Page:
43. UPS: From A Humble Seattle Messenger ServiceCompany Founded in 1907 to “Big Brown” Today • A traditionally insular and conservative enterprise with a 1950s’ style engineering culture well into the 1990s • Still, managed to reinvent itself time and again to keep growing • Started overnight delivery by air only in 1985 • Set up a logistics services unit in 1994 to manage the supply chains of customers • Went public only in November 1999 • Today: World’s Largest Shipping Carrier • 2003 revenue: $33.5B vs. $24B for FedEx, but more profitable than FedEx • Annual Exp. on IT: $1B, same as FedEx, but FedEx revenues are 30% less • Aggressively moving into supply chain management for big companies such as Ford, HP, Nike, … , and deeper into Asia where the fast-growing factory sector is opening new doors for UPS • “What Can Brown Do For You – Synchronizing the World of Commerce”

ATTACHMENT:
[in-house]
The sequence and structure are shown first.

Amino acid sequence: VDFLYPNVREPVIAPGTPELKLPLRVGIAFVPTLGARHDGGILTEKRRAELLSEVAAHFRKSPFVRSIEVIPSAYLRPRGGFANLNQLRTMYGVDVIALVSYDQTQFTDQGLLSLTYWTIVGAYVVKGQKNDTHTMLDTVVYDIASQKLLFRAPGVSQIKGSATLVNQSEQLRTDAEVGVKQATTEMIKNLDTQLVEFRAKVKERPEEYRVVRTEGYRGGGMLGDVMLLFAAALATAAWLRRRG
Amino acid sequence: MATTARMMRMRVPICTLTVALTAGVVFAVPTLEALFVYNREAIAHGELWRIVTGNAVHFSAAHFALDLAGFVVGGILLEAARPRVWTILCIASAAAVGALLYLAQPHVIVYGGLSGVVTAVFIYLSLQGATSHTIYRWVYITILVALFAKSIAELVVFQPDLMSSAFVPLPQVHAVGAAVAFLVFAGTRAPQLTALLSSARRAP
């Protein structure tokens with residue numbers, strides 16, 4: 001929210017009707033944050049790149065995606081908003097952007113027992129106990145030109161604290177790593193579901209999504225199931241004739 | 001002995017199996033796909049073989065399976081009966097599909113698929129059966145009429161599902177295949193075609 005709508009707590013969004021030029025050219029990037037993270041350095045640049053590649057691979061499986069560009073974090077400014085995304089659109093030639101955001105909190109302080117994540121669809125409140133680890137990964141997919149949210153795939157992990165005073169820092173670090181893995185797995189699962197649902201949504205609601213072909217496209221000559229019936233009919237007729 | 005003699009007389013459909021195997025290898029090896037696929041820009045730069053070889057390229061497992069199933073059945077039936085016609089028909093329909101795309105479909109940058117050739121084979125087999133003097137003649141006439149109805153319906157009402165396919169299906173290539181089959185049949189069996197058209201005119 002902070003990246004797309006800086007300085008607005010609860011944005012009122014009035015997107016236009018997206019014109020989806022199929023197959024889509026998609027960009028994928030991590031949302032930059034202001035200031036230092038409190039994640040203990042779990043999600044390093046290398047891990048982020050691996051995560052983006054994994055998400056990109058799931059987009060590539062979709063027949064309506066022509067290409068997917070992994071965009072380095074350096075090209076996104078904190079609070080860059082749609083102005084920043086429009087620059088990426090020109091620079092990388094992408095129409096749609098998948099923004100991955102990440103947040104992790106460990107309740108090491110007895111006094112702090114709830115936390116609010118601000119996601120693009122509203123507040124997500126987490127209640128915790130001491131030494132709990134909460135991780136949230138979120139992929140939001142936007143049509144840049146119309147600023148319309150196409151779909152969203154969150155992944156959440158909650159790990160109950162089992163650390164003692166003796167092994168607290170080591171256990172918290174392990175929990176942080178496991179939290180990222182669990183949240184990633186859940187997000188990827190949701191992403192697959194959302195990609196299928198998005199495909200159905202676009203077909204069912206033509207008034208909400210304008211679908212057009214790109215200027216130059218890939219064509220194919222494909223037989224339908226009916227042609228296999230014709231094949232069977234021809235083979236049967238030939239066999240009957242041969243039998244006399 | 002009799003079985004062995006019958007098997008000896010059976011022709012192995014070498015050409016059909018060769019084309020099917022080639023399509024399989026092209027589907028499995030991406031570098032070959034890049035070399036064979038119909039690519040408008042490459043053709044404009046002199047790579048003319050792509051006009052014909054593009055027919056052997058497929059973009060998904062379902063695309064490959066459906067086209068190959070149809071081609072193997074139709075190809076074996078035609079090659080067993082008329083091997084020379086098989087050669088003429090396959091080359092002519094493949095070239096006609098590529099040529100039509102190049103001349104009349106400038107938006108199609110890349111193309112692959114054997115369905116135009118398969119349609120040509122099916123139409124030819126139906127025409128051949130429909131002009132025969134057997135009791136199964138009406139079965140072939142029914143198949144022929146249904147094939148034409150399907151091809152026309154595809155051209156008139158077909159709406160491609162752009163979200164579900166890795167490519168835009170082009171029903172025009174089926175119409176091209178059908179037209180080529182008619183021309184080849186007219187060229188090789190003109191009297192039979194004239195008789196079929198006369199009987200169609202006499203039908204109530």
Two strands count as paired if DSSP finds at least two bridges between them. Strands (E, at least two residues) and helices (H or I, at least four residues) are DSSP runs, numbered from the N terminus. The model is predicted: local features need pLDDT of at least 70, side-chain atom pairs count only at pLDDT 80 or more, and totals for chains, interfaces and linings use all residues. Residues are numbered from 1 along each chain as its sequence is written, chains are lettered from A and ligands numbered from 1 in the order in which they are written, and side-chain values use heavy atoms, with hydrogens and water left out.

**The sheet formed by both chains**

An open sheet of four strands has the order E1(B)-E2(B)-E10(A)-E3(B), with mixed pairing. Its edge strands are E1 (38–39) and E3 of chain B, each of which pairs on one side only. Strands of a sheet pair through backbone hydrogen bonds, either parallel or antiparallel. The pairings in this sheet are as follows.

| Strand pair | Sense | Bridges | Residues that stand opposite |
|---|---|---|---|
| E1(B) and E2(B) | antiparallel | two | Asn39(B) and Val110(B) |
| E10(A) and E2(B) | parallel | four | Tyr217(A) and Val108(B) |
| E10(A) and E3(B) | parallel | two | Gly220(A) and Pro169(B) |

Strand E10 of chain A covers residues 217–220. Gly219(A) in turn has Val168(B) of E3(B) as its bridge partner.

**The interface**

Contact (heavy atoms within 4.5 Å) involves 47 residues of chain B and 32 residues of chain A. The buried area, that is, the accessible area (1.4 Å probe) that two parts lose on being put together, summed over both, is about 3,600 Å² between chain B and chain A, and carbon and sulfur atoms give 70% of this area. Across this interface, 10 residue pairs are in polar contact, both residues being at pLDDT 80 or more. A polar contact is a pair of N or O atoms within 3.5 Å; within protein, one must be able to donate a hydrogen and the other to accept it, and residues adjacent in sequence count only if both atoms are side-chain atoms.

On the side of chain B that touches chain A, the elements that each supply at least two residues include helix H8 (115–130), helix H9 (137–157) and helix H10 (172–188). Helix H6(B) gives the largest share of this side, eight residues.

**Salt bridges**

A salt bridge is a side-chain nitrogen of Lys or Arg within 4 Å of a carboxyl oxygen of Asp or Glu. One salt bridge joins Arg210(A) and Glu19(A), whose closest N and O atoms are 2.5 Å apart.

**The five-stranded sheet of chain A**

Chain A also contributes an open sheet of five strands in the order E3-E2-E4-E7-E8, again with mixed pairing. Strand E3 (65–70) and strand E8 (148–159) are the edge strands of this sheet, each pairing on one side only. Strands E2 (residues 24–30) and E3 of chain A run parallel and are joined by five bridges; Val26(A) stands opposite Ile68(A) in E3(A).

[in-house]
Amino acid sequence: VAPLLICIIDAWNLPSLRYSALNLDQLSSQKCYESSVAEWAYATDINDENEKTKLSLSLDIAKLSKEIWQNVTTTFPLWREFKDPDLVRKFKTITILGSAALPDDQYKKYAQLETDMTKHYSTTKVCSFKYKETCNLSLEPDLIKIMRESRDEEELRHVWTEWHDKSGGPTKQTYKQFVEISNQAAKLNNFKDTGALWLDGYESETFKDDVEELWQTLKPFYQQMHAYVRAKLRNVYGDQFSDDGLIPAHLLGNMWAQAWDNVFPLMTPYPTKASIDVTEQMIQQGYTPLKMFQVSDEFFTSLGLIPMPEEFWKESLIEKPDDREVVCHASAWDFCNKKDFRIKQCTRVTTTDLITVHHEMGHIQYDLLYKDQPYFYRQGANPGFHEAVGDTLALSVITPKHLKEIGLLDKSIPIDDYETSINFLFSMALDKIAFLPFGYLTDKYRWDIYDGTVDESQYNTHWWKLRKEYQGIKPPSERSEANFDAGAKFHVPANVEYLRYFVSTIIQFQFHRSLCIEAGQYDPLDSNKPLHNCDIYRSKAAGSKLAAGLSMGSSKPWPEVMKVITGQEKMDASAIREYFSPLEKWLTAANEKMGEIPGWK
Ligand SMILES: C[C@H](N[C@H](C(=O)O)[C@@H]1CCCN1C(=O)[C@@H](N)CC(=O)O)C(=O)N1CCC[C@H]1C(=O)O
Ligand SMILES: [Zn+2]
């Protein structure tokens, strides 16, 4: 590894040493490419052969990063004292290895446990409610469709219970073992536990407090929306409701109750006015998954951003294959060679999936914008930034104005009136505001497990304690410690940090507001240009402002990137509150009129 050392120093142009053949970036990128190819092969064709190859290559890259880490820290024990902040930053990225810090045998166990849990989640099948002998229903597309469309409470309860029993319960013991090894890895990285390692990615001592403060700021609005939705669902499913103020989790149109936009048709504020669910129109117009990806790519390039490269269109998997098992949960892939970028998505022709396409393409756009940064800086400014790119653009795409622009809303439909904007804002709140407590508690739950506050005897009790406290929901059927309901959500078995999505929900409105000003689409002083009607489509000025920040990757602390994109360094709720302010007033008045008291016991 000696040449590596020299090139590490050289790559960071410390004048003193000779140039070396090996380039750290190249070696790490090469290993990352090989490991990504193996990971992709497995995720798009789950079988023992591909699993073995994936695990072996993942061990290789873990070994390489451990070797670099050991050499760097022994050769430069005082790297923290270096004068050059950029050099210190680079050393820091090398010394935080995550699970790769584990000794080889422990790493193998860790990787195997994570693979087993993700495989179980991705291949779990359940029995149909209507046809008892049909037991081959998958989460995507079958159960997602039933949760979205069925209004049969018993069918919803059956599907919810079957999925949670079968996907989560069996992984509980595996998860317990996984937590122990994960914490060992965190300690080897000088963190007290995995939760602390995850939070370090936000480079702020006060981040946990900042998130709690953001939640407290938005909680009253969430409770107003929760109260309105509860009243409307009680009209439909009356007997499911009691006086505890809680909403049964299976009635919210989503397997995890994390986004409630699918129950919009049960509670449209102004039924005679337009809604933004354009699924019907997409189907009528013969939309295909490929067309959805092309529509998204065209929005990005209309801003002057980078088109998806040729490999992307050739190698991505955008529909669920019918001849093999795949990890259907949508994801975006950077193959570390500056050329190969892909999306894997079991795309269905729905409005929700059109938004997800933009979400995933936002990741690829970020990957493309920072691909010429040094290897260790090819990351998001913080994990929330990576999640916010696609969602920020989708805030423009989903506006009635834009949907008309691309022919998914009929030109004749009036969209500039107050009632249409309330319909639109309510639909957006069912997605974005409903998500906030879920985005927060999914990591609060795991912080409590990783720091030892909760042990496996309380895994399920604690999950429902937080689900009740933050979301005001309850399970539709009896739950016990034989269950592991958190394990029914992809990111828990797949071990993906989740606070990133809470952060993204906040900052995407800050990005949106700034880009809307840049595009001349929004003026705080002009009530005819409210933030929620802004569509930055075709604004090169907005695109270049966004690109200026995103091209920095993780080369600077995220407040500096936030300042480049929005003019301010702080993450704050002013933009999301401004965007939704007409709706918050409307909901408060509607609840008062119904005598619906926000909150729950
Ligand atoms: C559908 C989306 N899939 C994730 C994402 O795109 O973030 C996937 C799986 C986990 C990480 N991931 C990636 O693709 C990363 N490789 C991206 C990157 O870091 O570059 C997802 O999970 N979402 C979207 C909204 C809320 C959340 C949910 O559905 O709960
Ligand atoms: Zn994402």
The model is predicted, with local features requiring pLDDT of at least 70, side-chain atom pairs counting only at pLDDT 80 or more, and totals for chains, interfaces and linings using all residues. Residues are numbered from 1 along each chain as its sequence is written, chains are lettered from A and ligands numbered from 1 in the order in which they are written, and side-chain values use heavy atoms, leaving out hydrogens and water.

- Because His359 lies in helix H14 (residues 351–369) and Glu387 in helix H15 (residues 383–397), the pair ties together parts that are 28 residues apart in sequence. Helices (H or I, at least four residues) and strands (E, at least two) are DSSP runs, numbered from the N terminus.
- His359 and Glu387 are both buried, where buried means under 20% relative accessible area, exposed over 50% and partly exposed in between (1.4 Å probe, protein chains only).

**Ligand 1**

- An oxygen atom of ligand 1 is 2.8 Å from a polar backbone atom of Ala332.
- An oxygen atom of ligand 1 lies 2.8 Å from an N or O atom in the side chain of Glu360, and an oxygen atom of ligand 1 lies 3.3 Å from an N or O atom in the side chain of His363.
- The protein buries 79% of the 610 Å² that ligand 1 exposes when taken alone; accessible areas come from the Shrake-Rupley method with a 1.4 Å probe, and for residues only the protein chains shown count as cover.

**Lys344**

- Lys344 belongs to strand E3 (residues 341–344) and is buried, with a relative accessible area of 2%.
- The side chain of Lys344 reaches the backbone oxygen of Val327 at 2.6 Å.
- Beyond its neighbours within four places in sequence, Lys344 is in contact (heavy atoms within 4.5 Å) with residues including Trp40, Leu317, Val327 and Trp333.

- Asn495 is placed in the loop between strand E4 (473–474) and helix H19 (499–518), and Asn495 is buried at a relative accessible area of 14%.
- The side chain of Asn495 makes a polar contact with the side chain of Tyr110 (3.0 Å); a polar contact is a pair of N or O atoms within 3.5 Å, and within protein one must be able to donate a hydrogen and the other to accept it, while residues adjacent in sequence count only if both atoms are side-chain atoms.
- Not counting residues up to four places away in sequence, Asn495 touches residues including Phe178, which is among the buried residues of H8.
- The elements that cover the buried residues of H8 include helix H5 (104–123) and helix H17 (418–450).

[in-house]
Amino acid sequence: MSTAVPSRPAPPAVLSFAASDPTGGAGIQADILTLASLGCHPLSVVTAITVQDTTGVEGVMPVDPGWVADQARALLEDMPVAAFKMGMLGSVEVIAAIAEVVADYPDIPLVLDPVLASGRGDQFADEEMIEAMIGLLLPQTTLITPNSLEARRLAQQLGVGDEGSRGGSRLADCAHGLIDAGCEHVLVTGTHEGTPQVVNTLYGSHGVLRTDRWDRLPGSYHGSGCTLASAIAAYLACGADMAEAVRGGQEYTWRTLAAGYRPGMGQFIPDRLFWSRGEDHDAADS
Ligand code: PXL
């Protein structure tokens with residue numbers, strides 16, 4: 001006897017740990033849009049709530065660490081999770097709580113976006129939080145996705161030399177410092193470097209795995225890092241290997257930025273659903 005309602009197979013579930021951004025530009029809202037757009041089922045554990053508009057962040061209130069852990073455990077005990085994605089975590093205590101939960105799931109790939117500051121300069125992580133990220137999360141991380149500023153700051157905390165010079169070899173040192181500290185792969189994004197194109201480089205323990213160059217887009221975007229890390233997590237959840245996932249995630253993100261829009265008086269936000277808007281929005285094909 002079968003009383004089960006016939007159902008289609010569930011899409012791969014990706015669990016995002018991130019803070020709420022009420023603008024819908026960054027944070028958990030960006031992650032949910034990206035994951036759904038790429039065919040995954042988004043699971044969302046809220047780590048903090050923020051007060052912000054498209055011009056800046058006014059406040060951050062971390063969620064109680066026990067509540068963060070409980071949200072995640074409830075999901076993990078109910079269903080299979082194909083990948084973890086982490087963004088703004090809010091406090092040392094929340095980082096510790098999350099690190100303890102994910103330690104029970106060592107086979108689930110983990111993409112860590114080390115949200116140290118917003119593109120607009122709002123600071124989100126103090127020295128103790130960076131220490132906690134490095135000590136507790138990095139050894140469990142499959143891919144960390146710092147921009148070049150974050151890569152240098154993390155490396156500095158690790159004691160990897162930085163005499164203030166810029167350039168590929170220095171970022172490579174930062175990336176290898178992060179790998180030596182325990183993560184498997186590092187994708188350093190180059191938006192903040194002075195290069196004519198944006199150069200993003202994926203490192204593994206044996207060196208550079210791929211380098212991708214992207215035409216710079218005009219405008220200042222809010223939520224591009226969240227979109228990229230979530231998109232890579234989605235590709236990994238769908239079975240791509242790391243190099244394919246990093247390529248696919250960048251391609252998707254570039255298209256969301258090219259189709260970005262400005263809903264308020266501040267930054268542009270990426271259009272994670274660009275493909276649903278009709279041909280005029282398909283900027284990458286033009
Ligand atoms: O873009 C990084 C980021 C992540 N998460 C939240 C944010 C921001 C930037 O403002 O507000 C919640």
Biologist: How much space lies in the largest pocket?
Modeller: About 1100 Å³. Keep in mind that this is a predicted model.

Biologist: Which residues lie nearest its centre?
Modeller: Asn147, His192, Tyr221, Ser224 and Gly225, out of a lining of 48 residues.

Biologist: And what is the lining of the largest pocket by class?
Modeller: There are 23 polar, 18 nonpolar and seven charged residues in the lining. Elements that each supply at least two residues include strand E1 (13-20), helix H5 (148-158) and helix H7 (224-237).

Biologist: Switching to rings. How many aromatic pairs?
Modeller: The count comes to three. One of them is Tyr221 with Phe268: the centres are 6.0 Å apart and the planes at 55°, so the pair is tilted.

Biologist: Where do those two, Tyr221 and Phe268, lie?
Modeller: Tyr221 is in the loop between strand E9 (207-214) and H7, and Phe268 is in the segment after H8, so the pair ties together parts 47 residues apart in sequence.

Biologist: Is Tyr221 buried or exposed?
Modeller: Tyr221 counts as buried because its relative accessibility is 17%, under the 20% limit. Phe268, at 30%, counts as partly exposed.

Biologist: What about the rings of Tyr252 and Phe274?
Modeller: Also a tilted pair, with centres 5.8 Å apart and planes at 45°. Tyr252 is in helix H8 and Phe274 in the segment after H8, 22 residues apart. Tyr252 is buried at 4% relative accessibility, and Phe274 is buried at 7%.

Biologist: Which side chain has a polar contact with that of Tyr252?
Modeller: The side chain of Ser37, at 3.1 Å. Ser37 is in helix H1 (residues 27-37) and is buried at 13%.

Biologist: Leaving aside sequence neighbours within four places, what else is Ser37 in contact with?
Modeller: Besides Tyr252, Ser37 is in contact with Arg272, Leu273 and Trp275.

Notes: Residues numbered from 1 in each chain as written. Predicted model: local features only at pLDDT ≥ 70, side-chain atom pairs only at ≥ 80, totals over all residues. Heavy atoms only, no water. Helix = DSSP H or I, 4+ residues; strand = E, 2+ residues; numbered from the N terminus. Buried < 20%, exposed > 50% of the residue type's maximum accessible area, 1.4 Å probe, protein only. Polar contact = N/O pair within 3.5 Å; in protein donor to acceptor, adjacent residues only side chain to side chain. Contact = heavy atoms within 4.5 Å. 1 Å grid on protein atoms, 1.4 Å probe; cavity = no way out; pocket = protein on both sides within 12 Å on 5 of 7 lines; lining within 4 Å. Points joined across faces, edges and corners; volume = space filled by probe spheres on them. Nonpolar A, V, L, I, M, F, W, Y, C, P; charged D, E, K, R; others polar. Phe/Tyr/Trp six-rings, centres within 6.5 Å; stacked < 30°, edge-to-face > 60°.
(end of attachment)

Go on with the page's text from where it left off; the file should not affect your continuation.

44. UPS Adopted a “Follower” IT Strategy • Started building the IT infrastructure in 1985 • Carefully followed FedEx’s tracks - Learned not just how to copy FedEx’s systems, - But often how to make them better and cheaper • Example: Logistics Management Software - UPS took 15 years to build a system comparable to FedEx’s renowned COSMOS systems - But UPS chose a wiser approach: Built a more open system that made it easier for customers to incorporate into their existing systems than FedEx’s proprietary software that customers were forced to adopt

  45. UPS Adopted a “Follower” IT Strategy • Spent more than $20B on IT since 1985 • Slow Copycat Approach to IT Paid Off - By late 1990s, some big suppliers had begun to shift their logistics contracts from FedEx to UPS - One company in particular: National Semiconductor! - UPS also handles more shipments from Internet retailers (55%) vs. FedEx (10%)